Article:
In the classic 1970s cartoon series Mr Benn the eponymous hero would take off his suit and bowler hat, don a fancy-dress costume and walk through a magic door into a new adventure. Adam Priestley, a PE teacher at Morley Academy in Leeds, will experience something similar on Friday evening when he leaves the away dressing room in Nuremberg’s Grundig-Stadion and steps out in front of a 43,000 crowd to face the world champions Germany.
Priestley is a forward in the Gibraltar team competing for the first time in European Championship qualifying. At home he plays part-time for Farsley in the Northern Premier League First Division North – English football’s eighth tier – and last Saturday turned out against Prescot Cables in front of 129 people. He will miss Farsley’s derby with Ossett Albion on Saturday but as he told The Independent: “To be missing a local derby to play Germany is not a bad swap.”
There was no fez-wearing shopkeeper involved in Priestley’s transformation. The 24-year-old was born in Gibraltar, where his father was posted with the RAF, and says: “I received a tweet in June last year about me being qualified to play for Gibraltar, so I contacted the person who tweeted me and they pointed me in the right direction.”
He made his full debut in Gibraltar’s first official international against Slovakia and has featured as a substitute in two Group D qualifiers – the 7-0 defeat against Poland and 3-0 loss to Georgia. Now comes an even bigger test. If Germany could put seven past Brazil, it begs the question how many they might get on Friday night, but Priestley offers a wry reply as he recalls his feelings watching that World Cup semi-final back in July: “What I was thinking was, if we can limit it to seven then we are just as good as Brazil!”
He spells out their task: “You know you are there to work hard, keep your shape, try to knock them off their stride as much as possible. We can prepare for a team who are going to come at us. Ireland and Poland have put seven past us so I think Germany can potentially see that as the benchmark.”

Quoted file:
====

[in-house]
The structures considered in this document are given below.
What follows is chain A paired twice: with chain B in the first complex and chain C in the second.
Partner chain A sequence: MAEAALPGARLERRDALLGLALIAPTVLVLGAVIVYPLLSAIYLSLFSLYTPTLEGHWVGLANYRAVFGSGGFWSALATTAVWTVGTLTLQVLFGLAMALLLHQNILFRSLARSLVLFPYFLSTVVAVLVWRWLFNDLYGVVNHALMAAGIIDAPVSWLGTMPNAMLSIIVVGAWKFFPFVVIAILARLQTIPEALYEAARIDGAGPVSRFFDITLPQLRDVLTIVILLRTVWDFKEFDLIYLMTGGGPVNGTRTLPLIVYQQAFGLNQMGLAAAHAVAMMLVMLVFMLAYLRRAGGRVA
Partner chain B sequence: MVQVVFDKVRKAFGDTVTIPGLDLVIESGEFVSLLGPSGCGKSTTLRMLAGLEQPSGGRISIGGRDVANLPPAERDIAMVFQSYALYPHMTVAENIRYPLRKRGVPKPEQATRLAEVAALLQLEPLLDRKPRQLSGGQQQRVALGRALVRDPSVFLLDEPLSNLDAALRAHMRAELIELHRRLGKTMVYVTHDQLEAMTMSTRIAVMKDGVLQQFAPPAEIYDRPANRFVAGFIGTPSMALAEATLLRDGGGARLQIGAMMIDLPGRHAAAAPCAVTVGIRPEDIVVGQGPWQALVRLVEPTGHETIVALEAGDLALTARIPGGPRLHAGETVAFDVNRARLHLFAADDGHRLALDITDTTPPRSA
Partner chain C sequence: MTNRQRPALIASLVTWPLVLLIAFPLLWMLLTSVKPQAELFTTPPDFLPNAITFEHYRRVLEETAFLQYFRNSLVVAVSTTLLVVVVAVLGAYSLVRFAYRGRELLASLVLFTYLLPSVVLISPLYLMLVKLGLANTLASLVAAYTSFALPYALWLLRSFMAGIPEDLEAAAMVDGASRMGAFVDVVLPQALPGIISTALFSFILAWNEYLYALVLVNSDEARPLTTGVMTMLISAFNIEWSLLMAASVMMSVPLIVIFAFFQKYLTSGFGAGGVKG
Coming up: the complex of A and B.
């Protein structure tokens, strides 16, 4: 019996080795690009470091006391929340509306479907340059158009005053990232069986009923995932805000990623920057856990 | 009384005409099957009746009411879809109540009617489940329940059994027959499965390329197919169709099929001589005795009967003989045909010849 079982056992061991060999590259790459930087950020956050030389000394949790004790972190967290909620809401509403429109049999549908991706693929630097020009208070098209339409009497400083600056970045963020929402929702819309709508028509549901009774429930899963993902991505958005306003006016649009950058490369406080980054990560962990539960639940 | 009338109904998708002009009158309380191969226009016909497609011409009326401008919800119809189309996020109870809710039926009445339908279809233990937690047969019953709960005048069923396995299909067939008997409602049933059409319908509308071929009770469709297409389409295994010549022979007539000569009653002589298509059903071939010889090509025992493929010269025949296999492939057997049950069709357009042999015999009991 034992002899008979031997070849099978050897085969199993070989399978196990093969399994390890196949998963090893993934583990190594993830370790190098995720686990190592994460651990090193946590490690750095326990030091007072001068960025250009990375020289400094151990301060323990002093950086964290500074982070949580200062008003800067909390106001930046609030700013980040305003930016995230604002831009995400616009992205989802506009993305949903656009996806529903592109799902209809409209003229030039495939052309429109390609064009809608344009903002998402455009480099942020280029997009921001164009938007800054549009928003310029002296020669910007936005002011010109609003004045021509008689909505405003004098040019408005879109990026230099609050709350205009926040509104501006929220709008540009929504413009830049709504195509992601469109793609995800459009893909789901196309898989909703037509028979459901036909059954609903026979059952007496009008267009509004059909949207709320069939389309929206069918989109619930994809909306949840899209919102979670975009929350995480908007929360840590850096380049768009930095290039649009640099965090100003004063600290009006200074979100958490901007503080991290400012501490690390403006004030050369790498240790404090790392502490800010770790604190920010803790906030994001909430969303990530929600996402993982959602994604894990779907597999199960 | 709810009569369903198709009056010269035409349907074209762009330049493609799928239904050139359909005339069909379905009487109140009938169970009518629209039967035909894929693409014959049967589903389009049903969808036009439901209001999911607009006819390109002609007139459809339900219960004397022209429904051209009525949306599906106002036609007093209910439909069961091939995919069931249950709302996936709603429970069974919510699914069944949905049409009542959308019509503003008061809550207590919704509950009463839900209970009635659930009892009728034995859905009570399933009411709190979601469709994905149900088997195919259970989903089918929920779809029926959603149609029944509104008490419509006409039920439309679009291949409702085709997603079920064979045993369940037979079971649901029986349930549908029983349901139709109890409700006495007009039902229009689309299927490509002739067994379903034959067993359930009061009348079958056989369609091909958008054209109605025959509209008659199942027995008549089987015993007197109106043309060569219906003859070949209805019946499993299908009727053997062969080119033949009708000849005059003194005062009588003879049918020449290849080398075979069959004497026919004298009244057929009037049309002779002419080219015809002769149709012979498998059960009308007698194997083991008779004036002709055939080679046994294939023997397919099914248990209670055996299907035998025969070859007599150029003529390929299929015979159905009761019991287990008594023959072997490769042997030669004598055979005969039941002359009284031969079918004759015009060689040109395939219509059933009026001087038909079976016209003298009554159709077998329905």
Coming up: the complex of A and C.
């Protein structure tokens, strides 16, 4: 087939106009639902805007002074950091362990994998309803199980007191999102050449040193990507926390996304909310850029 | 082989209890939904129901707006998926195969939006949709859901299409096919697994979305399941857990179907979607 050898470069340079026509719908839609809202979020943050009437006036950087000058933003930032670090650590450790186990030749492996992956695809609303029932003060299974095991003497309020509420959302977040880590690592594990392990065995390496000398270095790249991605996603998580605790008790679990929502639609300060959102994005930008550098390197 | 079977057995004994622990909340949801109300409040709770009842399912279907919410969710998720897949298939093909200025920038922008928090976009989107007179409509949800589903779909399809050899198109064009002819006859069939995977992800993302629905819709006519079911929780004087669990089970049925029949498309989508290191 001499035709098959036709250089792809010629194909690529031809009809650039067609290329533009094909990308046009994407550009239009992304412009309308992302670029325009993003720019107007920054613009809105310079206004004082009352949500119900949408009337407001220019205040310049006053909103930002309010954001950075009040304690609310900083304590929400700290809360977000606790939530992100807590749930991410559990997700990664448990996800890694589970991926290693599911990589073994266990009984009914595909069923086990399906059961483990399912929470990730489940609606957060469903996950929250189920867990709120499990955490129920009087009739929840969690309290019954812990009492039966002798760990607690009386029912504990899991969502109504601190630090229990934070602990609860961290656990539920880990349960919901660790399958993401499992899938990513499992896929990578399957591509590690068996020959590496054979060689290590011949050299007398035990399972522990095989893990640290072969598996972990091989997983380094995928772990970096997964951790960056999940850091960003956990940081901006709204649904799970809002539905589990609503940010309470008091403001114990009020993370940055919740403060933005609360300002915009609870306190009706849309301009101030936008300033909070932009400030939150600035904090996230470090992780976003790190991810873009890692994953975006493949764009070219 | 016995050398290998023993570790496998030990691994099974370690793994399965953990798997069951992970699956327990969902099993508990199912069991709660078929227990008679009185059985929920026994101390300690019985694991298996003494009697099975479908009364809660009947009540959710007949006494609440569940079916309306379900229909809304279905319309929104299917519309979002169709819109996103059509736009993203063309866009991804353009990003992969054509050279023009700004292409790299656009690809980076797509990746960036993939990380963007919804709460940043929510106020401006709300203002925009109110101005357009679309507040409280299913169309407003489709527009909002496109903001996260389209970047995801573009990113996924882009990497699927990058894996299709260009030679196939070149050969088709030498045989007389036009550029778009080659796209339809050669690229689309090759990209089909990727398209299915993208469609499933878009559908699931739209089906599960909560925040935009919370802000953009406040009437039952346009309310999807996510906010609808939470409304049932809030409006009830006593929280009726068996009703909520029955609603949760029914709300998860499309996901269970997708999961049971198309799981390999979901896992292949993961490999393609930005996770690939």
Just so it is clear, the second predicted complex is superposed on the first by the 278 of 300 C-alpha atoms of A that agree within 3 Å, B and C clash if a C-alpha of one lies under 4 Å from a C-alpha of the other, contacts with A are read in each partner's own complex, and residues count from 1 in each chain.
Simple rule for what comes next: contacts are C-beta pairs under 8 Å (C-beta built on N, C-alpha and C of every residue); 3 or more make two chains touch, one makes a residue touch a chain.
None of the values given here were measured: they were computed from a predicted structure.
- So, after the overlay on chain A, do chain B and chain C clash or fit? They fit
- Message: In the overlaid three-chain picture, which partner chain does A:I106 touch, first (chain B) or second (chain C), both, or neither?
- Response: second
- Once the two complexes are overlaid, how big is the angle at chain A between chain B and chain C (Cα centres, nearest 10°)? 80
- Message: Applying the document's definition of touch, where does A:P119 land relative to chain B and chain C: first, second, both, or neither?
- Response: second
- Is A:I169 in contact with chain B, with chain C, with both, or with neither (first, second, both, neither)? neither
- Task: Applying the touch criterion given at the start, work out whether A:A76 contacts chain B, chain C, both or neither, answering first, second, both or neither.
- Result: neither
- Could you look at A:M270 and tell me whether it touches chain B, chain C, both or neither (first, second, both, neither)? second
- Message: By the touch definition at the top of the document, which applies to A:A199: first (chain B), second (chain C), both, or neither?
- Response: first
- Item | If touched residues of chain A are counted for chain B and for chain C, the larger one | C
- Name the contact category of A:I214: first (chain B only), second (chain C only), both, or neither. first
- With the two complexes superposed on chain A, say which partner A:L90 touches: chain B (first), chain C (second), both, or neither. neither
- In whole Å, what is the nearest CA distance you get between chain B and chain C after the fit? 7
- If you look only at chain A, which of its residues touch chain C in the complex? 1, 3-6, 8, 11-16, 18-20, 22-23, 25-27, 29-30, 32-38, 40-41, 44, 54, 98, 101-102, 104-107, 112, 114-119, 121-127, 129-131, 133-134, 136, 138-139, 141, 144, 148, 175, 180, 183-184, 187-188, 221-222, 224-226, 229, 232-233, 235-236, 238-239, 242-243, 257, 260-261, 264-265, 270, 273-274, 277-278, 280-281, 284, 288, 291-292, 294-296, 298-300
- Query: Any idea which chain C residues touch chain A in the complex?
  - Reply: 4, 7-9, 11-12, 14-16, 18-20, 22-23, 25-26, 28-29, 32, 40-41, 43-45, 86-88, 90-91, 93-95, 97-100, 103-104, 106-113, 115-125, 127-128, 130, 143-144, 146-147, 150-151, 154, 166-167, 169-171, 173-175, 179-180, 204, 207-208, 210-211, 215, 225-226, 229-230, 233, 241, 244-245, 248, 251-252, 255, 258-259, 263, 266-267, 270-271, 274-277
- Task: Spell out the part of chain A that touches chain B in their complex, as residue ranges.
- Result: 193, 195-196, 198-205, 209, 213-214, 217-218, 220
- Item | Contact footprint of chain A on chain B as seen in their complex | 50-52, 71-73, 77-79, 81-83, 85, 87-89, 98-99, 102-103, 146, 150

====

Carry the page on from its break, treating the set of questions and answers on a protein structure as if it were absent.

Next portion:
As a non-league footballer who trains twice a week, he believes mental, rather than physical, power marks the difference at the elite level. “The decision-making is so much quicker, it is so much better, it is very rare they make wrong decisions. If you make a bad pass then without a doubt there is a higher chance you are going to get punished”. Gibraltar are paying dearly for “lapses in concentration”, not least in Poland, where “it was only 1-0 at half-time”.
Priestley adds that playing alongside the likes of Preston’s Scott Wiseman and Liam Walker, once of Portsmouth, “whets your appetite” and makes him wonder “what could happen if you have a few good games and a team sees you and asks you for a trial”.
Yet it will be back to school once international week is over – and back to more questions from his pupils. “They are constantly asking: ‘Have you played Germany yet, have you done this and that?’ It is constant questions and me having to tell them to get back on with their work.”Reuse content